Lychee park operator asked to return site to landlord
Rural strongman Leung Fuk-yuen who operated the Tai Tong Lychee Valley park in Yuen Long is asked to return the site to his landlord after he refused to remove illegal structures there.
Leung and his family, who ran the hillside recreation business, were accused of violating the land use. They were asked to close a restaurant and remove those unauthorised constructions on the site in 2012.
In a writ to the District Court, his landlord Lee Chi-ming claimed that since then she had repeatedly asked Leung to demolish the illegal structures to comply with the tenancy agreement. But Leung refused to do so.
Lee filed the writ against Leung and Tai Tong Lychee Valley Company, in which Leung was a shareholder and a director. She was seeking Leung and the company to return the land and pay an unspecified amount of damage.
The writ says Leung rented the land from an agent in October 2009 for 10 years at a yearly rental of HK$4,000. Lee became the owner of the land in January 2011.
Lee claimed the agreement states clearly that the land was an open storage area and was subject to restrictive covenants in the Block Government Lease which could only be used for agricultural purposes or as a garden.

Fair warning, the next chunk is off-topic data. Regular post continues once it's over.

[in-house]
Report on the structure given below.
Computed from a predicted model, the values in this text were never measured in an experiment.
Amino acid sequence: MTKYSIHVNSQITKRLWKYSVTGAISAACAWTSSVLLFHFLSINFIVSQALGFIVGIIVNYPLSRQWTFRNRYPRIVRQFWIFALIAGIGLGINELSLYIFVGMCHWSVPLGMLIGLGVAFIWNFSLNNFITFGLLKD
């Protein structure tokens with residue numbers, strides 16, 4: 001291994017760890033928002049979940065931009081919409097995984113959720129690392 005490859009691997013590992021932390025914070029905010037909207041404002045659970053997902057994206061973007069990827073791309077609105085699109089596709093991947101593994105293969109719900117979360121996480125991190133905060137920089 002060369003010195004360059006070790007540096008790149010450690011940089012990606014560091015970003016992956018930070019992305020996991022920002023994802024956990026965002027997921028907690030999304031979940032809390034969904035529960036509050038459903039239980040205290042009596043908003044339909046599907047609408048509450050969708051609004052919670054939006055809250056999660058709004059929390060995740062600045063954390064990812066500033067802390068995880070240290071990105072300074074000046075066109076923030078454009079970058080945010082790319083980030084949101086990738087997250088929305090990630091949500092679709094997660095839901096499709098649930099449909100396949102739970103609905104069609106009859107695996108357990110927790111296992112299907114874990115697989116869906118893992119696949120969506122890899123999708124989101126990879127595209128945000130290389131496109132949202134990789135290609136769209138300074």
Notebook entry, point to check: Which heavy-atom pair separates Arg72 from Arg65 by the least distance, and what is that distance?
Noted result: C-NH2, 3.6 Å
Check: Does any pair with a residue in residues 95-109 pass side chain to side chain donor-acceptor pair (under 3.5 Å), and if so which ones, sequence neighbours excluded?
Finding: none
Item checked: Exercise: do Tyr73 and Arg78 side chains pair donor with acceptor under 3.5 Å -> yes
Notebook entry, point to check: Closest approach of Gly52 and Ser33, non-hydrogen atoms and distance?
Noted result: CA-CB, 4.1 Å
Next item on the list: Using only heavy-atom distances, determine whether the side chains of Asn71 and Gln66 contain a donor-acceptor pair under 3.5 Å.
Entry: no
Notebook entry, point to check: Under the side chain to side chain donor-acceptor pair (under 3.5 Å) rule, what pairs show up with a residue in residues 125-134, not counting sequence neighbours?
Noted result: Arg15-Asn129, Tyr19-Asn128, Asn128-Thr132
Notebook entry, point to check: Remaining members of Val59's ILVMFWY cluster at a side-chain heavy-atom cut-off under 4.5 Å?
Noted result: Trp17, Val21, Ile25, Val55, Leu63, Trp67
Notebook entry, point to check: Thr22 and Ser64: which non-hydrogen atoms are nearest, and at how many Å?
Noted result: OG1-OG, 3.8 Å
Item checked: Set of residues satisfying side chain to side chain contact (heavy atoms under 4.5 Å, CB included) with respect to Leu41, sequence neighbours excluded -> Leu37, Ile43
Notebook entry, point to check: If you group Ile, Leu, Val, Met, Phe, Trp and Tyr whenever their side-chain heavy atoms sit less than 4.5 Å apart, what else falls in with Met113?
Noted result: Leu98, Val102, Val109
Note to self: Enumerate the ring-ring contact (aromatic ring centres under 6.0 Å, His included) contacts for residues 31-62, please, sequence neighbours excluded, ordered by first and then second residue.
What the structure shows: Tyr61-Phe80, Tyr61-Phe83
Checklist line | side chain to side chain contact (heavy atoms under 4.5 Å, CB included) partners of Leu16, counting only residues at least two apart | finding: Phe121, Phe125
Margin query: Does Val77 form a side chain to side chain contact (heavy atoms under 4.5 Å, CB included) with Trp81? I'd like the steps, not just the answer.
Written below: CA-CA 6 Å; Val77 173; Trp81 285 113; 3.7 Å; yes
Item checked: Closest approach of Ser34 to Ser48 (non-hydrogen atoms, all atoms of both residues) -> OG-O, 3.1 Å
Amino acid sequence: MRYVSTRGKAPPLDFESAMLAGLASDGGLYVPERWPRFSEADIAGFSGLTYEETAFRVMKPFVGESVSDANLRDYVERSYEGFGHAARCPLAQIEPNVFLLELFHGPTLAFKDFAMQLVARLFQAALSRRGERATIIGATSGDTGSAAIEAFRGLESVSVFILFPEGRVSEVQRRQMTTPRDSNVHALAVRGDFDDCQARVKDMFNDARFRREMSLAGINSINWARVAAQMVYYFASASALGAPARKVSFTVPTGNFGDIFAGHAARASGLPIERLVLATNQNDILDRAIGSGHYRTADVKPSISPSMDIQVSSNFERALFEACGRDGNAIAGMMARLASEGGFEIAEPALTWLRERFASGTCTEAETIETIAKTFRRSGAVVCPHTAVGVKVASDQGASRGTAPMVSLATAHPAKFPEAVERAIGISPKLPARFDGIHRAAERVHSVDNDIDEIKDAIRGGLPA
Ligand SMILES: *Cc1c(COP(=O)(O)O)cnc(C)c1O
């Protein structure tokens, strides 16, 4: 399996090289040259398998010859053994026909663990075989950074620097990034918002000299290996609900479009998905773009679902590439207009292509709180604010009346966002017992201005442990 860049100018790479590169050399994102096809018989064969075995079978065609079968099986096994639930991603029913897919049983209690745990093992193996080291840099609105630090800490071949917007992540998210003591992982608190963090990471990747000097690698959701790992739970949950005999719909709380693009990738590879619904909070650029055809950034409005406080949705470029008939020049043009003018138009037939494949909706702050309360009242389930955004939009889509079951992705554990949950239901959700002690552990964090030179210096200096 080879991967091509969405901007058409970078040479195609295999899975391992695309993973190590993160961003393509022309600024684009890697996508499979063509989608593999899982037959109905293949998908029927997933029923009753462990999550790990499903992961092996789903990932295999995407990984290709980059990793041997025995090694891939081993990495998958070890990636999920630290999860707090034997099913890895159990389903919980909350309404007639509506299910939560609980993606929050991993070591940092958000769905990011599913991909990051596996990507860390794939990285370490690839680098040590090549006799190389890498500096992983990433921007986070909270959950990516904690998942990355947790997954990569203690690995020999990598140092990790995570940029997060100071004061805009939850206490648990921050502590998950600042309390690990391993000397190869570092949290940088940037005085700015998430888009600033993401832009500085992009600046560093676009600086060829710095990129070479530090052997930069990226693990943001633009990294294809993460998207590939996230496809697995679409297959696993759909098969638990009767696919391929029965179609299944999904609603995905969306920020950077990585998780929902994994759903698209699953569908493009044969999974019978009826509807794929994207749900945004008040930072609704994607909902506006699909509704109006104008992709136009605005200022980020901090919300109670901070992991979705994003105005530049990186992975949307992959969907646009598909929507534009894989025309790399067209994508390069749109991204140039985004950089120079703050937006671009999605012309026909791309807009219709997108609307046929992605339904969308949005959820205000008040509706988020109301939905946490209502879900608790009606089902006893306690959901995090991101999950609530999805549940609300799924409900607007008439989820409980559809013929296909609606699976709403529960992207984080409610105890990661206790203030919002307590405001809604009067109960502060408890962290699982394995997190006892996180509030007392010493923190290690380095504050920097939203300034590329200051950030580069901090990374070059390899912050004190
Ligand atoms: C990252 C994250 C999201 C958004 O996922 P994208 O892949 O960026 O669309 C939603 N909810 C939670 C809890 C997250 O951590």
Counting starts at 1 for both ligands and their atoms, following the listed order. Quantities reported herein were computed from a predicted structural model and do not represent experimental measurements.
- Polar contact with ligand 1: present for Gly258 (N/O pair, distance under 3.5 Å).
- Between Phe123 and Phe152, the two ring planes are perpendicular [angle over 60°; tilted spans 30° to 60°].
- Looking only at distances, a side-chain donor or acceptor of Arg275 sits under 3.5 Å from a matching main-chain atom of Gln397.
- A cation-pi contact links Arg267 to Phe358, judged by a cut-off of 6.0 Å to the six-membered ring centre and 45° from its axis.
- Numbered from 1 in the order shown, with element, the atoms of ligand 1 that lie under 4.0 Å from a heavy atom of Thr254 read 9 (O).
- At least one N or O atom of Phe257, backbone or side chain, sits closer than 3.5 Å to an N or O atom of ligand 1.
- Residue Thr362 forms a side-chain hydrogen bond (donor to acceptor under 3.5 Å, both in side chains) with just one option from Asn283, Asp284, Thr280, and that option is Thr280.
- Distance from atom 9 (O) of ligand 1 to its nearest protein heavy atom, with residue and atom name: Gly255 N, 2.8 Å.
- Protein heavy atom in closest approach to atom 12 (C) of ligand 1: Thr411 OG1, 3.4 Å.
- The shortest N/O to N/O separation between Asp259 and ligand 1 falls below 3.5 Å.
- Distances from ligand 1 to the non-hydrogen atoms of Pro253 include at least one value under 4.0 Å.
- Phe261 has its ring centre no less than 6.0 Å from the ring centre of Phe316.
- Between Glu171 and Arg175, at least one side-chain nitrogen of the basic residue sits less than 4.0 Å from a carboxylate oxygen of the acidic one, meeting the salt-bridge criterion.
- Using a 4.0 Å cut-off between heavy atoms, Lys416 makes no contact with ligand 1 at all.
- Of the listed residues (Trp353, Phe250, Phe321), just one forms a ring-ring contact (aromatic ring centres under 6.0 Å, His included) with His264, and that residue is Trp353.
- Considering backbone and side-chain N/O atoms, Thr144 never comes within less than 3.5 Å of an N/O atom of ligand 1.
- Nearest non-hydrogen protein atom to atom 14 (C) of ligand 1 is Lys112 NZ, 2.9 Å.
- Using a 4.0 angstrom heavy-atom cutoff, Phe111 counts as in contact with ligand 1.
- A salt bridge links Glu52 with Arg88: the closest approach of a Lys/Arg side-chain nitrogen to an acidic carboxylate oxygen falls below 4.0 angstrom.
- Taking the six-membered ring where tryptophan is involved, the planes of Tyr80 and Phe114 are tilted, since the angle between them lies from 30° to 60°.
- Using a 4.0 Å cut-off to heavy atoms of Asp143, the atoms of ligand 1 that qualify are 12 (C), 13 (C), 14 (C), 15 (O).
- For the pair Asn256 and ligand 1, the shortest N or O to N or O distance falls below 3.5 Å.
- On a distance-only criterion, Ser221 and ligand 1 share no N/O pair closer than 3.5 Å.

Lee claimed that the District Lands Office in Yuen Long complained the tenant had breached the government lease in April 2012.
Leung and four others were fined between HK$30,000 and HK$80,000 in Sha Tin Court in August 2012 for defying a Planning Department order to close an illegal restaurant in the park.
The leisure park was at the centre of controversy after an Audit Commission report in 2012 that criticised the Development Bureau for lax enforcement of government land use.